Do you ever watch a movie at home and go, “what did they just say?” or do you turn up the volume to hear the dialog, but then it gets too loud and you need to turn it back down? Does it baffle you that with all the modern editing and equipment available today, you still can’t understand what people are saying in movies? You may even think it was easier to understand people in classical films as early as the ’60s. This is precisely how the filmmakers want you to feel. However, there may be a fix depending on how you watch movies.
How Movie Audio Has Evolved
Classic movies were so easy to hear because they had to be. There was no post-processing. They couldn’t hire sound engineers. The viewers didn’t have speakers anywhere near the quality we have today. They couldn’t even have a clip-on microphone on actors because they didn’t exist. If multiple actors were on a scene, they all had to be captured by a single microphone. If actors weren’t punctual with their annunciation or were hard to hear, the scene had to be remade. There wasn’t post-processing. All this audio was recorded with one channel, called “mono.”
By the 1980s, Lucasfilm was working on Star Wars: The Return of the Jedi. They saw their movie as a masterpiece. They wanted to ensure viewers across America could experience it exactly as they intended. The audio of the film was sophisticated and required a specific speaker setup. Lucasfilm went to over 100 theaters to bring theaters up to their standard. This meant good acoustics and minimal ambient noise. This was the birth of the first-ever theater standard: THX.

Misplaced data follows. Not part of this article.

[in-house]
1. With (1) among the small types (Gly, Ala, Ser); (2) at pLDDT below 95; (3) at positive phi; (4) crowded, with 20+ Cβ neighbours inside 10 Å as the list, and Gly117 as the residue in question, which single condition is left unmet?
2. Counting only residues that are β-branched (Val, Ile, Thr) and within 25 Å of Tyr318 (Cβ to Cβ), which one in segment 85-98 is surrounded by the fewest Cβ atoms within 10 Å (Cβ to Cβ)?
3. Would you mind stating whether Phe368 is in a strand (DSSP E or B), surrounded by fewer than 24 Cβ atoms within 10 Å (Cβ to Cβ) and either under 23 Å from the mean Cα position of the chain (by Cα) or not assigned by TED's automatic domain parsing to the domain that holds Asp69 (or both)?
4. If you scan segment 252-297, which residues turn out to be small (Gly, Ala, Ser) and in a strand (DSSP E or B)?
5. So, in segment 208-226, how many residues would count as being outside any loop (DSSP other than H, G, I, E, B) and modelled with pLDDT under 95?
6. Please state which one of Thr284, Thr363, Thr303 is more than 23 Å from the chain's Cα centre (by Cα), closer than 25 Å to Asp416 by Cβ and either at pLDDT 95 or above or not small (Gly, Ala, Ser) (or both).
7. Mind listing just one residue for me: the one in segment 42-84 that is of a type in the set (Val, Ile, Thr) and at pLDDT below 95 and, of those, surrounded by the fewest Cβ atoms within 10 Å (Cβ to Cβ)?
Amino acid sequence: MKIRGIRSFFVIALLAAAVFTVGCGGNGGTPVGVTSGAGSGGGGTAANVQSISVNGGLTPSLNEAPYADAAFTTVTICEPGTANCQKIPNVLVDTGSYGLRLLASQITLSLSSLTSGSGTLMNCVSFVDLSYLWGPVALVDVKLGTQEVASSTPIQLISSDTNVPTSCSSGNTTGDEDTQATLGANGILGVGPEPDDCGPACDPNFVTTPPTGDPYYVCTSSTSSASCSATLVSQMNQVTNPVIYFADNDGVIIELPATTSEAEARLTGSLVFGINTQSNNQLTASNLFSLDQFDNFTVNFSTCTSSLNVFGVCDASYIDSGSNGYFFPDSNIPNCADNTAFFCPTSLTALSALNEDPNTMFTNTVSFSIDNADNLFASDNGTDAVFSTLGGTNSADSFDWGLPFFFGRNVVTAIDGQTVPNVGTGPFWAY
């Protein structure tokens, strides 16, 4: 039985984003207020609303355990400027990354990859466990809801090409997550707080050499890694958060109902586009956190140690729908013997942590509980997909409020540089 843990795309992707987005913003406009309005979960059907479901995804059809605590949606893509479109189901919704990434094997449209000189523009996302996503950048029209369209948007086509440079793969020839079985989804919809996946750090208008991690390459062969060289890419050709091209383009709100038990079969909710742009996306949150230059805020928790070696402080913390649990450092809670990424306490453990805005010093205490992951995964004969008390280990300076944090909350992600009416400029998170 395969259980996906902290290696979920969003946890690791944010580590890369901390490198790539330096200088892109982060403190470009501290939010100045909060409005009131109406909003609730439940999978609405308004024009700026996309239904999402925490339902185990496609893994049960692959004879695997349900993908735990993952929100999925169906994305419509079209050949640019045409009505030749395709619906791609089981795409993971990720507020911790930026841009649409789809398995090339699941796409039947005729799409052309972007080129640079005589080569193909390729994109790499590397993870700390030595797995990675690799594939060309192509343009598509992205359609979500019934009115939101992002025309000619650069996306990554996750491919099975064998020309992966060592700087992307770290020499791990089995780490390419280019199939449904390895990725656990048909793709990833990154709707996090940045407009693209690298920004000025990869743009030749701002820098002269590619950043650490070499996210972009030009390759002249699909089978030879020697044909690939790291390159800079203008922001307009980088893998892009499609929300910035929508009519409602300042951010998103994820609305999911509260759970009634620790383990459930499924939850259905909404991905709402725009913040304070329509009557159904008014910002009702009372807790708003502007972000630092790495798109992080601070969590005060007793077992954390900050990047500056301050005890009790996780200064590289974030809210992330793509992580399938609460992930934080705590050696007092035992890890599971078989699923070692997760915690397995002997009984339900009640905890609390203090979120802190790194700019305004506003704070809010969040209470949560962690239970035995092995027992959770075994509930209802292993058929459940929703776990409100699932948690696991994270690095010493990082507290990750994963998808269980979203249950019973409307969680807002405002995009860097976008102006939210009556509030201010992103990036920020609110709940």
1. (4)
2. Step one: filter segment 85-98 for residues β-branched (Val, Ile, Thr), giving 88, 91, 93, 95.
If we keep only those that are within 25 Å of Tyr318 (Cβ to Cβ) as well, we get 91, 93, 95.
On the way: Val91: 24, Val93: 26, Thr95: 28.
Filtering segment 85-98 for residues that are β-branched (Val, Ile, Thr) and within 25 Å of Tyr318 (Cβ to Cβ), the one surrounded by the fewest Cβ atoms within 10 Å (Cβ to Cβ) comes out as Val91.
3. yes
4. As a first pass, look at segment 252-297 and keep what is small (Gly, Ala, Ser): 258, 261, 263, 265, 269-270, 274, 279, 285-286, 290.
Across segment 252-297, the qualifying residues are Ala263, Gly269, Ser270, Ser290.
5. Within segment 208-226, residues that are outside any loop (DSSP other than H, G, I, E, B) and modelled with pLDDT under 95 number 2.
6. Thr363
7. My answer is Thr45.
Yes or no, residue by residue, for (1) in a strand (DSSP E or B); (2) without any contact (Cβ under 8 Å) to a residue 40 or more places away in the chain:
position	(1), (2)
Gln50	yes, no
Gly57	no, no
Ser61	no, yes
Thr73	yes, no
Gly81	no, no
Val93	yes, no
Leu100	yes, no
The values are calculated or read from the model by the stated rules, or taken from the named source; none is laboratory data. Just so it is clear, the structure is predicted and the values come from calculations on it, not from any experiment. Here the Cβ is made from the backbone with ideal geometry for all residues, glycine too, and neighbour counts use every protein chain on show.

In the decades that followed, speakers and microphones improved drastically. TVs were installed with decent speakers, and films were recorded with multiple high-quality microphones. Directors didn’t have to battle for good sound. If there wasn’t any ambiance to a scene, it could be added in post. If a voice was too quiet, they could boost it in editing and vice versa.
Actors now have microphones on them and can focus more on acting than making sure they can be heard. It is all controlled in post. The best example is when Tina Fey commented on being on the scene of 30 Rock with Alec Baldwin. She said, “[Baldwin] speaks so quietly that I cannot hear him when I am standing next to him. And then you play the film back and it’s there; it’s there somehow.” This proves the technology is there to make sure actors and actresses can be heard with perfect fidelity. This has allowed editors to make dialog easy to understand for TV shows, but they choose to make voices quieter in movies.
What’s To Blame? The Director’s Love of Dynamic Range
Movies are mixed with the intent to be played in a theater. In a theater, the loud scenes are really loud, and the quiet scenes are pretty quiet. This wide range between the loudest and quietest sounds is called dynamic range.